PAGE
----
John McCarthy: Journalist, and former hostage during the Lebanon Hostage Crisis, held captive for five years from 1986 to 1991. Now making a documentary series for the BBC with Sandi Toksvig called Island Race.
Big Tony: Taxi driver for AA Taxis on the Lower Ormeau Road. Sound big fella.
Act 1. Scene 1: The A2 between Belfast and Bangor, 1995, hedged rural landscape. Dawn is just breaking and the taxi’s headlamps are on. We see the car from behind, rolling calmly along the otherwise deserted road in the half-light. Big Tony is a reliable driver, and has been specifically sought out and tasked with collecting John McCarthy early in the morning. He knows who is in his cab. John is going to Bangor to visit his old cell mate Brian Keenan.
[We can hear the conversation from inside the taxi]:
Big Tony: Do I know you from somewhere?
John McCarthy: I’m John McCarthy.
Big Tony: The hostage? From Lebanon, like?
John McCarthy: Yes, that’s me.
Big Tony: Jeesus. That’s something there. Pleasure to meet ya. Must have some stories, eh.
John McCarthy: Yes.
[There is a slightly awkward pause]
Big Tony: Here: maybe you’d feel more comfortable in the boot. Will I pull over here and you can bounce out?
[Tony puts on the left indicator]
John McCarthy: Ummm.
Big Tony [Laughing]: Only messin’! Welcome to Belfast!
[The brake lights flash on for a second as the car tops a rise in the road and disappears].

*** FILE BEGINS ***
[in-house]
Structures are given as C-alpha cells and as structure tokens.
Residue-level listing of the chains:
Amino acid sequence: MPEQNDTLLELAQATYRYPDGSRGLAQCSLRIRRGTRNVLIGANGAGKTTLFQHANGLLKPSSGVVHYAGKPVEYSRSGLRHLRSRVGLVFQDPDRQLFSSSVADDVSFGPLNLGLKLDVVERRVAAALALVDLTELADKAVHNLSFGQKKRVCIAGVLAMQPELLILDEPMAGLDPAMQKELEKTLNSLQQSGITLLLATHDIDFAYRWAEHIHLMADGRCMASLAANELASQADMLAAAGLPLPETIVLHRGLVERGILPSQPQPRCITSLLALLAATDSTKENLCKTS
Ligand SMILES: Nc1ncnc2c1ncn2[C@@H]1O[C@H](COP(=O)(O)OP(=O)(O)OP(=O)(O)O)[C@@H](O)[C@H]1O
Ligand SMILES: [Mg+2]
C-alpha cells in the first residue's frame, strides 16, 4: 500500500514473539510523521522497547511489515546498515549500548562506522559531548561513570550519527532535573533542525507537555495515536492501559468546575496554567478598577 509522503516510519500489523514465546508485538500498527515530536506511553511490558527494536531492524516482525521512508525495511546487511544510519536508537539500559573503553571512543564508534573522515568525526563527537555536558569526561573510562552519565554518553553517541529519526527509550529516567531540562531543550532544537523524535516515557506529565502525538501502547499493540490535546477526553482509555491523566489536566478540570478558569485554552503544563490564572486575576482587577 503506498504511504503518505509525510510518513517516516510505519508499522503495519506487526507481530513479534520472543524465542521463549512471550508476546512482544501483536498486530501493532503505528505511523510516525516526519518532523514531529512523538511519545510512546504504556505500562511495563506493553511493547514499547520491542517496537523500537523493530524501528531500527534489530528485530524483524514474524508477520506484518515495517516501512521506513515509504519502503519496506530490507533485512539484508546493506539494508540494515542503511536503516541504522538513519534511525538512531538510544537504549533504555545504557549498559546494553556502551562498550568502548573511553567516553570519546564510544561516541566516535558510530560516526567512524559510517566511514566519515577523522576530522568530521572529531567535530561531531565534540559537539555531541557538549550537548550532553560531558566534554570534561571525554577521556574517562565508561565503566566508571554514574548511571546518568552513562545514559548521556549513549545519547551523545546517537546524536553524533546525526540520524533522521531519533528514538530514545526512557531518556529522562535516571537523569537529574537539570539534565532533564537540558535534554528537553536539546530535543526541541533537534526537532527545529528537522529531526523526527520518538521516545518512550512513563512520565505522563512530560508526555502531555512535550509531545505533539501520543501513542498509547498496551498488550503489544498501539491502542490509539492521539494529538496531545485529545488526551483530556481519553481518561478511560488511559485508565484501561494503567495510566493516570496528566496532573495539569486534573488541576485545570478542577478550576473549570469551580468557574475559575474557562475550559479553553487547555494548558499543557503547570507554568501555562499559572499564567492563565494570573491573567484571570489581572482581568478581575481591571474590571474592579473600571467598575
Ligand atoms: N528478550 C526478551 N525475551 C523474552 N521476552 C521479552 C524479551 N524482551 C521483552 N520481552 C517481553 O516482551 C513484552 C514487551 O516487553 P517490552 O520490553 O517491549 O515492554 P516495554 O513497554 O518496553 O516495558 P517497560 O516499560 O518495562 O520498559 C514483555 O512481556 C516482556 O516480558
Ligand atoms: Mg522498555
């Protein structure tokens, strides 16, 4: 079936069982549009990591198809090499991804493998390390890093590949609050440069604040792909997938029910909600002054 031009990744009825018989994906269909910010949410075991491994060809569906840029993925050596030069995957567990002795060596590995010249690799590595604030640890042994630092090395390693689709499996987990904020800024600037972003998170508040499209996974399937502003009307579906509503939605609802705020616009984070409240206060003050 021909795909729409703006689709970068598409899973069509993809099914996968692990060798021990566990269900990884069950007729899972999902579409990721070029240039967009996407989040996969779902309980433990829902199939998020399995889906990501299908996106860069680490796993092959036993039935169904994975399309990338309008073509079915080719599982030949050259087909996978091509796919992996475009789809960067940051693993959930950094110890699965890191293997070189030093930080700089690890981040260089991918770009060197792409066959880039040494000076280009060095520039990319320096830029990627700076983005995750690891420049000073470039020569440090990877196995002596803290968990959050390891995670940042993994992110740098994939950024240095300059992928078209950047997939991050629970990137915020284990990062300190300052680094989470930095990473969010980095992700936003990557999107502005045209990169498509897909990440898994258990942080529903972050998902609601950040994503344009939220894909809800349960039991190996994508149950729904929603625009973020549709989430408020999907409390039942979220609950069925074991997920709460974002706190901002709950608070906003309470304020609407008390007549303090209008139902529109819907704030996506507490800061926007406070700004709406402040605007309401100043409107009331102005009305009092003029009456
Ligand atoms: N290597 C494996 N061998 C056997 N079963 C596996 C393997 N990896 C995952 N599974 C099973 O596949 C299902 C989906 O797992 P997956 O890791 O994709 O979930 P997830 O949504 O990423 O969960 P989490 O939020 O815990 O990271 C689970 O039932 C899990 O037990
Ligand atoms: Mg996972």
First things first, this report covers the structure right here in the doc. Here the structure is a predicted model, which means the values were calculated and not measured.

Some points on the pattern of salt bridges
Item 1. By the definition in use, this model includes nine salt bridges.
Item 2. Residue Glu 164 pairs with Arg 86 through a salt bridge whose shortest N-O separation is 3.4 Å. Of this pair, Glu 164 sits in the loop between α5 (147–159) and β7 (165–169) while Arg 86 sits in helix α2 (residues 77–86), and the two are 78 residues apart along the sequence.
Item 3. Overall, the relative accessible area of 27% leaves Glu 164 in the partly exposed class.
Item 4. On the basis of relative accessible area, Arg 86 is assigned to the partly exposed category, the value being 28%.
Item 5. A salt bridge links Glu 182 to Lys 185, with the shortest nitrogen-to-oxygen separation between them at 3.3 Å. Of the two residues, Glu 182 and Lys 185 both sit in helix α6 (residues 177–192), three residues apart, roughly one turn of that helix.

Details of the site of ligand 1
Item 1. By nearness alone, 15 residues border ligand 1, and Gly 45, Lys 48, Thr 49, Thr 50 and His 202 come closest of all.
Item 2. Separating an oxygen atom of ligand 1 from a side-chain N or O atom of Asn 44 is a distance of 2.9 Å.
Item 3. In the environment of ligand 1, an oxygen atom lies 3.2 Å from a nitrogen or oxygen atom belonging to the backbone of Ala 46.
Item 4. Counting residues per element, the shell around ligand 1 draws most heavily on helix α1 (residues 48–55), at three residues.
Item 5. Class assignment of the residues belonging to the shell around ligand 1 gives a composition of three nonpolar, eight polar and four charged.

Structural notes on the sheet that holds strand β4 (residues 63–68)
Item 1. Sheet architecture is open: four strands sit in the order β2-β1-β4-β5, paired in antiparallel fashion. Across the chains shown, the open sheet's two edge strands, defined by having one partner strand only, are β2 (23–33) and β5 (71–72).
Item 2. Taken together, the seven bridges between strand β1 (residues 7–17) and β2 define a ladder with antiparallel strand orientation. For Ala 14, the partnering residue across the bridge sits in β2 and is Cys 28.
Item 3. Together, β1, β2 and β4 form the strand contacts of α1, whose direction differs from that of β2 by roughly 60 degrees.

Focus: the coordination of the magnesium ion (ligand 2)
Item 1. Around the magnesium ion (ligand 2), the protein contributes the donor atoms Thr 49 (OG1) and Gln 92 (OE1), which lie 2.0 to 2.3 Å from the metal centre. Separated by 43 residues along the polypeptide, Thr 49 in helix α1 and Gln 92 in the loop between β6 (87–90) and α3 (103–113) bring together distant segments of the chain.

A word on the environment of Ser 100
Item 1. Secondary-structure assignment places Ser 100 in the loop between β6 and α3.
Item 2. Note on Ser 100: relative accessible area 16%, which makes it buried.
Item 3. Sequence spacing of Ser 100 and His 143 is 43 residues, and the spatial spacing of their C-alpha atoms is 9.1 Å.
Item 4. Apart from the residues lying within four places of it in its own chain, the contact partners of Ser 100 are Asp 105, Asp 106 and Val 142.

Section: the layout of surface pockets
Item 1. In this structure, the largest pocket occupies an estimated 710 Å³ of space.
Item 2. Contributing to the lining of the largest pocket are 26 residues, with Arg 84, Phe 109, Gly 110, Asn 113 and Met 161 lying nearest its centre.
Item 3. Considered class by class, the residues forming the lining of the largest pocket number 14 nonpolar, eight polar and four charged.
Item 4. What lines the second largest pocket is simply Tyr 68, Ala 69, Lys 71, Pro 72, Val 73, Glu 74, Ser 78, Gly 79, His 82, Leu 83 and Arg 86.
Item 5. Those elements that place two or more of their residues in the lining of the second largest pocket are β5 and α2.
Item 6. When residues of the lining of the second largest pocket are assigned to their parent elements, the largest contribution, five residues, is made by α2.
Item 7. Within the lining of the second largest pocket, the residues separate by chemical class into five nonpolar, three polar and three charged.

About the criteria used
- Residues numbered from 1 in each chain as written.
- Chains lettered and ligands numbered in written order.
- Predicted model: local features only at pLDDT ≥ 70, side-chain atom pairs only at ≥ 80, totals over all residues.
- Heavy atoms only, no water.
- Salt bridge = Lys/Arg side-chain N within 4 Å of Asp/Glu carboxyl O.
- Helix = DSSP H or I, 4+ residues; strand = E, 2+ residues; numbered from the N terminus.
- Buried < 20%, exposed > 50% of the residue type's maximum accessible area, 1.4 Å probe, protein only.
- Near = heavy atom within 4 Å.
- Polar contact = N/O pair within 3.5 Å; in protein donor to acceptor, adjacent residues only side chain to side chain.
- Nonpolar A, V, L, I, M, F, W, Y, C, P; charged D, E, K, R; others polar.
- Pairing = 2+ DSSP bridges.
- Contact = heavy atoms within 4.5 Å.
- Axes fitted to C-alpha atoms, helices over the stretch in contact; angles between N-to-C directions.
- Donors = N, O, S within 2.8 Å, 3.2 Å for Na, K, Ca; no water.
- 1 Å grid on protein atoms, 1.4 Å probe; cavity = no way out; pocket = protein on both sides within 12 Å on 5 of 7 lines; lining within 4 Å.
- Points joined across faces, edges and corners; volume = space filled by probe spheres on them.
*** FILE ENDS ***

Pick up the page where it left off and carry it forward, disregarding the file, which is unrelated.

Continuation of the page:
~~~ Fin ~~~
Previous pieces by Jason O'Rourke here and here.
About Jason O’Rourke
Jason O’Rourke is a writer and musician based in Belfast, Ireland. He writes primarily about the experience of living in this historical city of contrasts, in a series of short notes which present the reader with literary ‘snapshots’ of everyday, ‘vernacular’ events. An assortment of different voices and genres are used, in order to examine Belfast from a variety of viewpoints, thus reflecting the social, cultural, and political diversity that exists there. These ‘Vernacularisms’ are compact, and often tend towards the poetic in their use of language.
Jason has published a number of essays and articles about the history of the Medieval Book, and has made several recordings of Traditional Irish Music.
The Belfast Notes can be found on his blog at http://vernacularisms.com
Music is available online at the usual channels or at his MySpace page:http://new.myspace.com/jasonoruairc